John Paul Stevens:

And does that Division have the right to reverse a decision of a peer review committee to deny hospital privileges?

Thomas M. Triplett:

The Statute says that in event of a violation of any health statute, that the Division will report that to the District Attorney and obtain an injunction against continued or perpetuation of that practice.

So I think the answer is, yes, Your Honor.

Sandra Day O’Connor:

Mr. Triplett, are there any instances cited to us where either the State Health Division or the Board of Medical Examiners have actually intervened in cases to assure a correction of substantive abuses like those alleged here in the process, or directed procedural changes to avoid problems?

Thomas M. Triplett:

The only evidence in the record at all of an interface between the Board and the problems of Dr. Patrick are that it did–

Sandra Day O’Connor:

Any one else?

Thomas M. Triplett:

–We weren’t dealing with any one else in this case, so I can’t answer that.

But with respect to Dr. Patrick it did in one instance involving the Partridge case refer that to a county medical society for review retaining supervisory authority over it to determine whether indeed further action was required to be taken.

They did, when we reported a limitation as applies to Dr. Patrick when he was put on probation because of thoracic problem and put on probation for six months.

We reported that.

They wrote back and said we’re watching, we want to know what the outcome of that is.

And so there is an interface that is taking place because of the reporting requirements.

And their duties as the Board of Medical Examiners to monitor all medical practitioners within the State.

Thurgood Marshall:

Well, counsel, after the final action is taken by the review committee, what are the steps that would mean administrative review, specific, if you please?

Thomas M. Triplett:

All right.

After the committee completes its review, it makes a recommendation.

That recommendation is to the Executive Committee of the Hospital.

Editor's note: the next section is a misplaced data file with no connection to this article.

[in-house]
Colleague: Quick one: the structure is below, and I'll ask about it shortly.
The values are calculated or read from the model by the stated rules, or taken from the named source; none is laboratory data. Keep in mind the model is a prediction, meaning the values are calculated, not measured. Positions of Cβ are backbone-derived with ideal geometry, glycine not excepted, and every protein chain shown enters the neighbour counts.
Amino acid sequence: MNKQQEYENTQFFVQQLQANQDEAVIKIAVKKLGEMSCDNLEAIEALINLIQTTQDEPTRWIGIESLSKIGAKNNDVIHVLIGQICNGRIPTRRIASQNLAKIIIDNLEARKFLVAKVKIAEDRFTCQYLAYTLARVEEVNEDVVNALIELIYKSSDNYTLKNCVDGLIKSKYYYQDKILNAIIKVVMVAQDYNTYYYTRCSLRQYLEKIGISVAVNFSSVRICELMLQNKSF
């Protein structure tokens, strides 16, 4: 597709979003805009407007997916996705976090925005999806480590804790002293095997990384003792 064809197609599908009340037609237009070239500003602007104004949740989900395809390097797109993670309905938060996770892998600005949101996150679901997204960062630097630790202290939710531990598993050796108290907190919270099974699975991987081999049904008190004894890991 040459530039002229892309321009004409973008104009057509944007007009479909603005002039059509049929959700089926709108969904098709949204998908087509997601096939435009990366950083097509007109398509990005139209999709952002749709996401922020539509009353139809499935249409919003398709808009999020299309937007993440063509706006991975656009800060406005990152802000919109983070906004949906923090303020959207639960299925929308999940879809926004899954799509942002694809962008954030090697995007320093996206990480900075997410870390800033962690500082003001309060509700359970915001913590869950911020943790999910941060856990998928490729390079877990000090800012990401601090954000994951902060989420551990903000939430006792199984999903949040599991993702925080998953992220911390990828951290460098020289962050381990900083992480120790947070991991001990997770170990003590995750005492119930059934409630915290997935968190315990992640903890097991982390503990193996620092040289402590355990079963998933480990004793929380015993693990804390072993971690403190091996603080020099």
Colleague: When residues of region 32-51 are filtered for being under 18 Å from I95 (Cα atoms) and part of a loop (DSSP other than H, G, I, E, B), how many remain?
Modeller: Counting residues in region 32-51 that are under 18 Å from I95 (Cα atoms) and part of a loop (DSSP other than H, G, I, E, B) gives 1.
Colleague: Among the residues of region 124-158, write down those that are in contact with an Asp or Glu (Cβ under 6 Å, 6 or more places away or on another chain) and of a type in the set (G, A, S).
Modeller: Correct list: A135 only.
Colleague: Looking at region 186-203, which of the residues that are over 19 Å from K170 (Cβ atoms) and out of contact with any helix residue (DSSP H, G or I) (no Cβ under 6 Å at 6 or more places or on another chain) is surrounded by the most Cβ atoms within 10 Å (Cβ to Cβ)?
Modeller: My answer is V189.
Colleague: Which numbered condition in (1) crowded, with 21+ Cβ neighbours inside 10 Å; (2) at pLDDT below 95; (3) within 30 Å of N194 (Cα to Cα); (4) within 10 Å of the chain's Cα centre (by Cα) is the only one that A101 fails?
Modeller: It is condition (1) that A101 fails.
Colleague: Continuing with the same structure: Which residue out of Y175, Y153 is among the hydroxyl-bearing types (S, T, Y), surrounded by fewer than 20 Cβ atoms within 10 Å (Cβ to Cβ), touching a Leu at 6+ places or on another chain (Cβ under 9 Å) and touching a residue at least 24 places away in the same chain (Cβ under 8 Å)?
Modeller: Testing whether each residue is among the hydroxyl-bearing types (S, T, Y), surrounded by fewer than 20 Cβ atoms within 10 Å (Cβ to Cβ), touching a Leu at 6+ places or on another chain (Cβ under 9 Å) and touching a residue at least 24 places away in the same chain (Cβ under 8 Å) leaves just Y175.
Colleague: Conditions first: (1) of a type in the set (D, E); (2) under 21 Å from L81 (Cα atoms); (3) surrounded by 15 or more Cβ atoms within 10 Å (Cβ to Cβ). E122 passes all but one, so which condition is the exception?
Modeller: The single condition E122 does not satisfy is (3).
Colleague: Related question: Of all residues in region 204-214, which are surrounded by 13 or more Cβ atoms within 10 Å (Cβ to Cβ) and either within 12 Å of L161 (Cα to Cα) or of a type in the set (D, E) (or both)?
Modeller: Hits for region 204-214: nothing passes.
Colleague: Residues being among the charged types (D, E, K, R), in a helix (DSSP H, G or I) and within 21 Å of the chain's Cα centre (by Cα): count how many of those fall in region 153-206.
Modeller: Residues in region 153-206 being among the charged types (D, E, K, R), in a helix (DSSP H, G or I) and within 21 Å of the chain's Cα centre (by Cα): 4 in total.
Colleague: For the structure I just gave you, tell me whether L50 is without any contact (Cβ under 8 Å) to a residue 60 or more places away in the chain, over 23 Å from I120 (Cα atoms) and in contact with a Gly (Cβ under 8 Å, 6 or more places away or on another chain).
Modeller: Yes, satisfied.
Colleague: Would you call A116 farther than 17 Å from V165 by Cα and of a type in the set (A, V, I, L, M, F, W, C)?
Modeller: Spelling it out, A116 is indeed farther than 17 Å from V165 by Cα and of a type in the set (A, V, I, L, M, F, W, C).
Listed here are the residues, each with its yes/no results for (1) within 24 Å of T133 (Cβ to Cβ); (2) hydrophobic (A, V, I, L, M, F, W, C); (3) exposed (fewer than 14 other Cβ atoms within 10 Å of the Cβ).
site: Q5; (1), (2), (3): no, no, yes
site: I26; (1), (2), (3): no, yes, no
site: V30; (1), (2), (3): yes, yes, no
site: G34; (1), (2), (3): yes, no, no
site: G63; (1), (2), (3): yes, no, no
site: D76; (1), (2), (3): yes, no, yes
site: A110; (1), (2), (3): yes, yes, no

And it can recommend any one of a number of things.

Loss of specific credentials, loss of the right to practice in the hospital, a corrective program of education.

It makes its recommendation to the Executive Committee.

Thurgood Marshall:

What next?

Thomas M. Triplett:

Then the Executive Committee, if it concurs in the recommendation, then passes it on to the Governing Board of the Hospital, 18 people, 16 of the 18–

Thurgood Marshall:

What next?

Thomas M. Triplett:

–not being doctors.

Thurgood Marshall:

What next?

Thomas M. Triplett:

They then will hear the case both to determine whether there has been procedural due process–

What next?

Thomas M. Triplett:

–What next is if discipline is issued, it is then reported to the Board of Medical Examiners.

Thurgood Marshall:

And what appeals from that?

Thomas M. Triplett:

You have either the right to have a Court review under OS.41.

Thurgood Marshall:

I’ve never understood a Court review to be an administrative review.

Thomas M. Triplett:

I’m just saying.

You either have the right of a review by a Court which is contemplated under–

Thurgood Marshall:

What is the administrative review?

Thomas M. Triplett:

–Administrative review that is available is that when the Board of Medical Examiners receives the report, they are obligated to investigate the circumstances.

Thurgood Marshall:

And then what?

Thomas M. Triplett:

They can take further action.

But I think it is contemplated that the action that they would take is to determine whether the license should be retained.

At the same time, Dr. Patrick, if he believed that the process was inappropriate, had the right to file his own complaint with the Board of Medical Examiners, assert that my clients had engaged in unprincipled activities, and they would then review his complaint.